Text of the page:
Bloody Pajamas Lead to Arrest of Elderly Woman, 76, in Husband’s Death 35 Years Ago

Judith Jarvis, left, was arrested 35 years after she allegedly shot her husband, Carl Jarvis, right, to death.
Judith Jarvis, left, was arrested 35 years after she allegedly shot her husband, Carl Jarvis, right, to death.Handout

The new breakthrough in the cold case was thanks to new DNA technology.

Pennsylvania man Carl Jarvis was 42 years old when he died in 1987. He had been found dead with a gunshot wound to the head in the Millerstown home he shared with his wife, Judith Jarvis.

Thanks to new DNA technology that successfully tested the blood from pajamas Judith wore that night, Judith, now 76, was arrested earlier this week more than 35 years after the homicide.

She has been charged with one count of murder, and remains in Cumberland County Prison without bail.

“It gives me courage that we’ll continue to find answers to cases like this, particularly with the use of more advanced technology,” Perry County District Attorney Lauren Eichelberger said at a Tuesday afternoon press conference.

She explained the pajamas that had blood on the right sleeve were sent for testing in 2019, and the results from the test revealed it had been Carl’s blood.

Judith had originally told authorities that it had been her blood, and she had been bitten by a goose, according WHP, citing a criminal complaint.

“This is an example of the fine work the men and women of Pennsylvania state police to seek justice, preserve peace and improve the quality of life for the residents of our great commonwealth,” Pennsylvania State Police Lt. Daryl Vankirk said during the press conference.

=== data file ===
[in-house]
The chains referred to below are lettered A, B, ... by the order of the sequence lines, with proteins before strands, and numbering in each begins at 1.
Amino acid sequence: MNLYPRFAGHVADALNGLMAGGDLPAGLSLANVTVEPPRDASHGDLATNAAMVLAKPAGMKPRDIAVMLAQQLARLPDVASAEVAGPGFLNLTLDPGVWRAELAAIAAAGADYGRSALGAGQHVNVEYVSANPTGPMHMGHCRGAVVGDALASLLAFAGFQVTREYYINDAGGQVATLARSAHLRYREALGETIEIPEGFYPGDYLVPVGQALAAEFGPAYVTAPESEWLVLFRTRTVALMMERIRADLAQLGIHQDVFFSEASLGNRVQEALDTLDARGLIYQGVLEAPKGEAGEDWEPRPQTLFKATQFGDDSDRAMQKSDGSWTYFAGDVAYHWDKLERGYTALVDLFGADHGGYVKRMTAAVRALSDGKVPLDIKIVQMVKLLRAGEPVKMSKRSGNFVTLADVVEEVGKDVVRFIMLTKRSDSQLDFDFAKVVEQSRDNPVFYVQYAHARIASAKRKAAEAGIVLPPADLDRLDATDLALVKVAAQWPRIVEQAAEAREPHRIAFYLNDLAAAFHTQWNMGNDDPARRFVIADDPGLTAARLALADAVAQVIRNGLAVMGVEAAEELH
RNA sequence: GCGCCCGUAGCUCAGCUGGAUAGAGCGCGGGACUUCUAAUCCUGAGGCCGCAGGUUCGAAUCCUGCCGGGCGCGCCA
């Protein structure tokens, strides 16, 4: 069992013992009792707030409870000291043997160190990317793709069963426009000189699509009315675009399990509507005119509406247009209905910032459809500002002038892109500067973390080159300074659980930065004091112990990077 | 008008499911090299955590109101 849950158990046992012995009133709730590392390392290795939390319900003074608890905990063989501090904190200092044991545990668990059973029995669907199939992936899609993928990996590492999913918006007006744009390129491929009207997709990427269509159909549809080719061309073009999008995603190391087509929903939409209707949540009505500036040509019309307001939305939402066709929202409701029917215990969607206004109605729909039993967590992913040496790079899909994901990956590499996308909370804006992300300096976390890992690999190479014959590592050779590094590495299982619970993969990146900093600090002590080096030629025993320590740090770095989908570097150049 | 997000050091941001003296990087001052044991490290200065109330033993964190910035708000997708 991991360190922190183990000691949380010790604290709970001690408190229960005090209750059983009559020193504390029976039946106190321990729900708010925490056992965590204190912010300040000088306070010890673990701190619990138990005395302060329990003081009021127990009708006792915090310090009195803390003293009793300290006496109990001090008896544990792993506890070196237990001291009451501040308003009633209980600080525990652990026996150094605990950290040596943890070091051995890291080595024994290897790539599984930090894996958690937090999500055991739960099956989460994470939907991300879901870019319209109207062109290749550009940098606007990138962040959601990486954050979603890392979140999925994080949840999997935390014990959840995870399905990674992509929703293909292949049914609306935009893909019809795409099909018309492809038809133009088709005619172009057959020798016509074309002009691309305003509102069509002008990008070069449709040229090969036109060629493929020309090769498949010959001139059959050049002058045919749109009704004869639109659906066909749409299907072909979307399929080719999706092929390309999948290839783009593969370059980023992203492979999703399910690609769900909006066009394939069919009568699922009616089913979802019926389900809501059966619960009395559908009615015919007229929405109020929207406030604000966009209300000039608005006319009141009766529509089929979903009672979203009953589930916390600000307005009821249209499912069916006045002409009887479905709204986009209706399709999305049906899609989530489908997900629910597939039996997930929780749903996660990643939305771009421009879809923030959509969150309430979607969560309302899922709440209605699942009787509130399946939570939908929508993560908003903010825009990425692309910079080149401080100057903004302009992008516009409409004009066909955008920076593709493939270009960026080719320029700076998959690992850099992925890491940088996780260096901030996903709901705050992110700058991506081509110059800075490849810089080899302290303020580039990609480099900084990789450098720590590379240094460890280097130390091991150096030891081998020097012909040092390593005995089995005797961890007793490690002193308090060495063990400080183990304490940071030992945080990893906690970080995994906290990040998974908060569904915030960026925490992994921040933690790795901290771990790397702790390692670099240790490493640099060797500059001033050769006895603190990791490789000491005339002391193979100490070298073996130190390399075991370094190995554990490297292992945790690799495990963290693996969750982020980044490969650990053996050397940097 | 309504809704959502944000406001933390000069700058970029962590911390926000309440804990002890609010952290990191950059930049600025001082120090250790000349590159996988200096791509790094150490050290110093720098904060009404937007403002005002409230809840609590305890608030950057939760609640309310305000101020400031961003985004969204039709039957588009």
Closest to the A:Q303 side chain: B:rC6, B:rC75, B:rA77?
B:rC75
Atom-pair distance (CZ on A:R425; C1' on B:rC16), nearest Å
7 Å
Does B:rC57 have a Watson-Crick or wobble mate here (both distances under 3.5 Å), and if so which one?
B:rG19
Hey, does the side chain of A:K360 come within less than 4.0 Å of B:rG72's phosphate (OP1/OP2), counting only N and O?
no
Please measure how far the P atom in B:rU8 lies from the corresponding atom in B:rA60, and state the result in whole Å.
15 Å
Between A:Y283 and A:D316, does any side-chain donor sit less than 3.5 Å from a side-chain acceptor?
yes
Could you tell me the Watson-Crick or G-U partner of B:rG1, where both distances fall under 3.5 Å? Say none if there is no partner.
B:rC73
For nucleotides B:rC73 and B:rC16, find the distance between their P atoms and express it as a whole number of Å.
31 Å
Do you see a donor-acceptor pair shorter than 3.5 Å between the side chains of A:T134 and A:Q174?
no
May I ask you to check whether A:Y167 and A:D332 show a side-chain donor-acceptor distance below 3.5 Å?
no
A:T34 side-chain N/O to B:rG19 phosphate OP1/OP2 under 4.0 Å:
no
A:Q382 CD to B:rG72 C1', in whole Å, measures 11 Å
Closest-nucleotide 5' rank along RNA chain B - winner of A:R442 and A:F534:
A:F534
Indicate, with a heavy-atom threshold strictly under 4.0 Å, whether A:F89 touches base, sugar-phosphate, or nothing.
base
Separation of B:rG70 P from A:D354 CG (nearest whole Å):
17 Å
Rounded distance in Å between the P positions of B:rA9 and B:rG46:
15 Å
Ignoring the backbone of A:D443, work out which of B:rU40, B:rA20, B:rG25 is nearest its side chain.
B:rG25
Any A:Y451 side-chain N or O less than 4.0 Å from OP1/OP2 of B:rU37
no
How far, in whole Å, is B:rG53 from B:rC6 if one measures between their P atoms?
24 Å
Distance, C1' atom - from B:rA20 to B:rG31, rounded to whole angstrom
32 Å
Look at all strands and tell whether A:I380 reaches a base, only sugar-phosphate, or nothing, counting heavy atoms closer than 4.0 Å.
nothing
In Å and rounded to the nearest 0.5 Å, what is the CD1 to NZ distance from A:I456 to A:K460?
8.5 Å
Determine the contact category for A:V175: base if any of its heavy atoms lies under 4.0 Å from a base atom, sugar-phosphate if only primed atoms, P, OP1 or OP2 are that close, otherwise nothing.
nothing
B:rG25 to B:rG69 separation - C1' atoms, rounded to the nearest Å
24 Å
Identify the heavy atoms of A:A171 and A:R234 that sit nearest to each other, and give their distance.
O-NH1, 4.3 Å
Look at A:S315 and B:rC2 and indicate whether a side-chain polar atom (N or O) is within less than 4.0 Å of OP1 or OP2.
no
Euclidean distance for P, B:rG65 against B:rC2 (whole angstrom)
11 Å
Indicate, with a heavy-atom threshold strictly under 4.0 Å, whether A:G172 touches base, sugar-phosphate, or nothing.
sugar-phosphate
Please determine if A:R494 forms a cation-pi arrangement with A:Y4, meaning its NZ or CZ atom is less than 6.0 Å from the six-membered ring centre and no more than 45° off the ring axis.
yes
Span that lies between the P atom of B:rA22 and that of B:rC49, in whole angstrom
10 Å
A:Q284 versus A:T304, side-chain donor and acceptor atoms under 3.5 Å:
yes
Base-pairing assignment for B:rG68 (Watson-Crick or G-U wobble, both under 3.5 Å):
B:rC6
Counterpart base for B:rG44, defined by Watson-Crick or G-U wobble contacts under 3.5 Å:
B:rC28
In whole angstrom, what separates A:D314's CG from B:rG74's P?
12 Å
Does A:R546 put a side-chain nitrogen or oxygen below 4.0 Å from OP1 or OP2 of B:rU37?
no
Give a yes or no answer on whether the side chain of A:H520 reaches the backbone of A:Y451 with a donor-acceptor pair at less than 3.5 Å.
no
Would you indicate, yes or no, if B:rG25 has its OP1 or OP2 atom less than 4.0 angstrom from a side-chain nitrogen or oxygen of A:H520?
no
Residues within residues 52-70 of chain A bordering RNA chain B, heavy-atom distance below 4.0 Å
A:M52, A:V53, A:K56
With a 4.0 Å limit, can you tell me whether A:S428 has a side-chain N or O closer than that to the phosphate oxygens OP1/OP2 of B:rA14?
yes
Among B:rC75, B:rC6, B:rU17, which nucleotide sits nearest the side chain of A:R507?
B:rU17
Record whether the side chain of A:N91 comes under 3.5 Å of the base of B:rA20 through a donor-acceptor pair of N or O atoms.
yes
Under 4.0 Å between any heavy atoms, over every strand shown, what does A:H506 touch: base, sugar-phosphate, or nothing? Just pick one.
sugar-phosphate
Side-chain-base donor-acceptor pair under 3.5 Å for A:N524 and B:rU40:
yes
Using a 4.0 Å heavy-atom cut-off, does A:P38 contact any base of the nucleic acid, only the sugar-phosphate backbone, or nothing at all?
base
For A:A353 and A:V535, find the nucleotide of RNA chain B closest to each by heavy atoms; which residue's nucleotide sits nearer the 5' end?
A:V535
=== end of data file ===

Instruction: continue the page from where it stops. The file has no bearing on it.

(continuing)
He explained that troopers had originally responded to the home on Aug. 10, 1987 for a domestic dispute. Judith had called authorities, and said she had been scared because her husband was “breaking things” and met the authorities outside, according to the criminal complaint.

When authorities arrived, they found Carl naked and dead between the bed and the wall in a bedroom, the criminal complaint stated. An investigation later determined that he had been shot in the head with a .22-caliber revolver that was found on the scene, and the bullet had gone through the back of his head and exited the front, according to the affidavit.

While a forensic pathologist found that it would have been impossible for him to shoot himself, and there had been no one else in the home except Carl and Judith, according to the complaint, charges were never previously filed for this case until now.

Eichelberger confirmed that this case is eligible for the death penalty.

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